Yamamoto MUST be the priority


After being MLB’s biggest disappointment in 2023, the New York Mets have made massive changes to the front office and a managerial change. The next step is looking at possible Mets signings in 2023-24. After a few small moves, the club needs to make a big splash. Among the many Mets offseason targets, Yoshinobu Yamamoto should be their top priority.

Why Mets Should Target Yoshinobu Yamamoto

Among those making free agency predictions this offseason, many believe that Yamamoto is likely to end up with the Mets. Obviously, that’s a promising sign. Compared to the other Mets offseason targets, Yamamoto is the guy they need to prioritize, even more than Shohei Ohtani. Let’s take a closer look at why Yamamoto is a fit for the Mets and why they need to sign him at all costs.

Prioritize Pitching

Between their established stars and young prospects in the upper levels of the minors, the Mets don’t have a huge need to invest in position players this offseason. However, they have several openings to fill in their rotation. At the moment, Kodai Senga and Jose Quintana are the only sure things for the rotation in 2024. Luis Severino was signed with the hope that he’ll stay healthy while youngsters like Tylor Megill and Jose Butto can compete for spots at the back of the rotation.

It’s obvious that the Mets are lacking at the top of the rotation. Senga proved to be an ace in 2023 and could be even better next year with a full season in the big leagues under his belt. But it’ll take at least one or two more frontline starters to put the Mets in a realistic position to contender for the pennant in 2024. Yamamoto is considered to be even better than Senga, so pairing those two together would give the Mets exactly what they need.

The Right Age

One key area where Yamamoto is an even better option than Senga is his age. He’s just 25, meaning he would be able to lead the rotation for a long time to come, not just in 2024.

The Mets tried and failed to build a rotation around aging veterans like Justin Verlander and Max Scherzer last season. By going after Yamamoto, they would correct that mistake and try the opposite tactic. Since Yamamoto is younger than all of the other aces on the free-agent market, he’s the perfect starting pitcher to build around.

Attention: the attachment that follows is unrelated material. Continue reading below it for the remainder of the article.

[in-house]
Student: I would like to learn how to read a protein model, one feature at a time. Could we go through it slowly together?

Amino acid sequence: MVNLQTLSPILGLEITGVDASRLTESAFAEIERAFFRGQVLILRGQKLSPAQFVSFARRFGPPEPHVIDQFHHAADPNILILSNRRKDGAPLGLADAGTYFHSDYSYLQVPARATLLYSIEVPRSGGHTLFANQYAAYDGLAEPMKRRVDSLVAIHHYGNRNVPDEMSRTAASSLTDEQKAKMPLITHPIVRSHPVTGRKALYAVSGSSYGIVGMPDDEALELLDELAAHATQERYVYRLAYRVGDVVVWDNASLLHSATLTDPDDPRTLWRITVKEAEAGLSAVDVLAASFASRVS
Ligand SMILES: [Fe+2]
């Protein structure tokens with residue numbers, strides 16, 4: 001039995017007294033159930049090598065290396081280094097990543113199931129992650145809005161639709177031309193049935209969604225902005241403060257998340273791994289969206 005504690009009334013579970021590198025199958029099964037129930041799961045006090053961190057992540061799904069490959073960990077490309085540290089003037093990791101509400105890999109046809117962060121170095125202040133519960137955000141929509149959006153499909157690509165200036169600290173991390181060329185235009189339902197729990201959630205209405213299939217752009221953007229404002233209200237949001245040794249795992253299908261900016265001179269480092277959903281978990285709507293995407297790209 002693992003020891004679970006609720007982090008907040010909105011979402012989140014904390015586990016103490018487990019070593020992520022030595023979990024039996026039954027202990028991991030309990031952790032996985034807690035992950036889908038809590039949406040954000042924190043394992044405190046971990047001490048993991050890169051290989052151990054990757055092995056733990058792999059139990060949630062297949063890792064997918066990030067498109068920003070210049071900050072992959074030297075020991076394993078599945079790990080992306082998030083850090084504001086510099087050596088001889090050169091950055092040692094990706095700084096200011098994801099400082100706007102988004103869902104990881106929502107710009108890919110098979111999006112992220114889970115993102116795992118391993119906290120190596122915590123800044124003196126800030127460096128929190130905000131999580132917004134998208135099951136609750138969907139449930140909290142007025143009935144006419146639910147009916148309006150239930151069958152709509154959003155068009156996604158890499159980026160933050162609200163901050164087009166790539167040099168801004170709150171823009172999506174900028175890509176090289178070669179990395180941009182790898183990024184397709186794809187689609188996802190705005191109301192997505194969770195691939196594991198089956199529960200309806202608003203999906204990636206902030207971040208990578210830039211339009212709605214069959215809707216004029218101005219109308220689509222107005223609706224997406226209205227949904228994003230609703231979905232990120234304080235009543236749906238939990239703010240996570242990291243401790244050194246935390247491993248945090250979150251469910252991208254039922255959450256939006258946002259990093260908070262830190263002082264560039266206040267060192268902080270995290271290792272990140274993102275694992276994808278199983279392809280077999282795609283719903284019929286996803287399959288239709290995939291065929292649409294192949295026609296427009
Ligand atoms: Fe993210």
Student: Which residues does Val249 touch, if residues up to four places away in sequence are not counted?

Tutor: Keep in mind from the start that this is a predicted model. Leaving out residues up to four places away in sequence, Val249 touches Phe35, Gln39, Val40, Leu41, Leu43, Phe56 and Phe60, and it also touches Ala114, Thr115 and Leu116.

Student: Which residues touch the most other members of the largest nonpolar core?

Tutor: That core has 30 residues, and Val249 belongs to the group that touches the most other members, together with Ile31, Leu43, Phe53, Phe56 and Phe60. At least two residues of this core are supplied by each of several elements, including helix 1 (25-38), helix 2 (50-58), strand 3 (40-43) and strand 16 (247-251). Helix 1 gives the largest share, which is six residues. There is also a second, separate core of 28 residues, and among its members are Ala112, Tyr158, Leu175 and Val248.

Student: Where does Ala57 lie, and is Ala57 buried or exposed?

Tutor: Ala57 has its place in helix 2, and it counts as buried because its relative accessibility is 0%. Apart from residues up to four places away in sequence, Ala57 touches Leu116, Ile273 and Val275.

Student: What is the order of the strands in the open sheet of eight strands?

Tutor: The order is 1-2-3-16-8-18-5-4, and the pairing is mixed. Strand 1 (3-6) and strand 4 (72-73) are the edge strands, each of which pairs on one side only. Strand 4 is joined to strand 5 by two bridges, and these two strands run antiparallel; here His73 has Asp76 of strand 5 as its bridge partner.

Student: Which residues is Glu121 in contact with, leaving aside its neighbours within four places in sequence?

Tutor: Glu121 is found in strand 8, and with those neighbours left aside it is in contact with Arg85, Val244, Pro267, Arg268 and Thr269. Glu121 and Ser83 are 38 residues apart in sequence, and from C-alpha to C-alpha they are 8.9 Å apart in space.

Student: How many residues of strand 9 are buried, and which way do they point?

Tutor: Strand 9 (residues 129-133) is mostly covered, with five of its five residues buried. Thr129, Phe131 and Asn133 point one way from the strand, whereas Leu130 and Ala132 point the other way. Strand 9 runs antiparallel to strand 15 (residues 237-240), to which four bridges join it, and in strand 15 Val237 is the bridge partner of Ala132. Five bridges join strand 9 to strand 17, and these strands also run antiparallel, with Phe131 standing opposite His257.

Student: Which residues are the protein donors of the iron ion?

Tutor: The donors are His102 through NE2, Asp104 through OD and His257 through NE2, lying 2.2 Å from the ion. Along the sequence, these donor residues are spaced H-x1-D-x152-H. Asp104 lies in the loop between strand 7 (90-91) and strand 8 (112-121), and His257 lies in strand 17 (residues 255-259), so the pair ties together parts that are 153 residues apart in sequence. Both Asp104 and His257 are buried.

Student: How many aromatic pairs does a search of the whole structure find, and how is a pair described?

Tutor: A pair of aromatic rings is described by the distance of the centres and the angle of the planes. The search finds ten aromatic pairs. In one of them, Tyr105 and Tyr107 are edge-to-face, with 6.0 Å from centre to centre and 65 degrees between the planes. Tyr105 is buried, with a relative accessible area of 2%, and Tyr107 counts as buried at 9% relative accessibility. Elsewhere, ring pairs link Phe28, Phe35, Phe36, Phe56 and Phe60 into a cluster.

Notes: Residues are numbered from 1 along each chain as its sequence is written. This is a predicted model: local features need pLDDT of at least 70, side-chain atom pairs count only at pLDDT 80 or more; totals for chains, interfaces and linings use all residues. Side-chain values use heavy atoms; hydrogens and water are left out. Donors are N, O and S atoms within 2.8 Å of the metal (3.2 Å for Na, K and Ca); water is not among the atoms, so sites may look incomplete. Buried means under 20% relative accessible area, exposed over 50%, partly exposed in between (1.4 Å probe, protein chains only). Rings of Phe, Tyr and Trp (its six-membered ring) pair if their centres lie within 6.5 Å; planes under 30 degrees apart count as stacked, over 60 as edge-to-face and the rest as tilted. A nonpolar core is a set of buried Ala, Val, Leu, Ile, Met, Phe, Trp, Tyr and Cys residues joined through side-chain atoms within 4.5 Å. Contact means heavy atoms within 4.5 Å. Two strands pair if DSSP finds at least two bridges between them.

Risk Involved

Of course, signing Yamamoto doesn’t come without risks. He’s expected to command more than $200 million and a commitment of up to 10 years.

If he fails, Yamamoto could end up having one of the worst MLB contracts ever. But with Steve Cohen’s checkbook, the Mets are one of the few teams that can afford to take a risk like that. Given the upside that Yamamoto has, this is a risk that the Mets need to take.

Bottom Line

The bottom line is that the Mets need more starting pitching. They struggled to find consistency in that area last season and failed to compete for a playoff spot as a result. For all intents and purposes, Yamamoto is the most talented starting pitcher on the free-agent market, not to mention the youngest. Given his age and upside, Yamamoto is someone the Mets can build their pitching staff around for many years to come, especially with Senga also signed to a long-term deal and in the prime of his career. 

Moreover, the Mets need to do something big this offseason to put last season behind them and signal a more promising future ahead. Signing Ohtani could do that, although that doesn’t seem like a realistic option for the Mets. Considering how much they need elite starting pitching, signing Yamamoto might actually be a better move than signing Ohtani, which is why Yamamoto needs to be their biggest priority this offseason.



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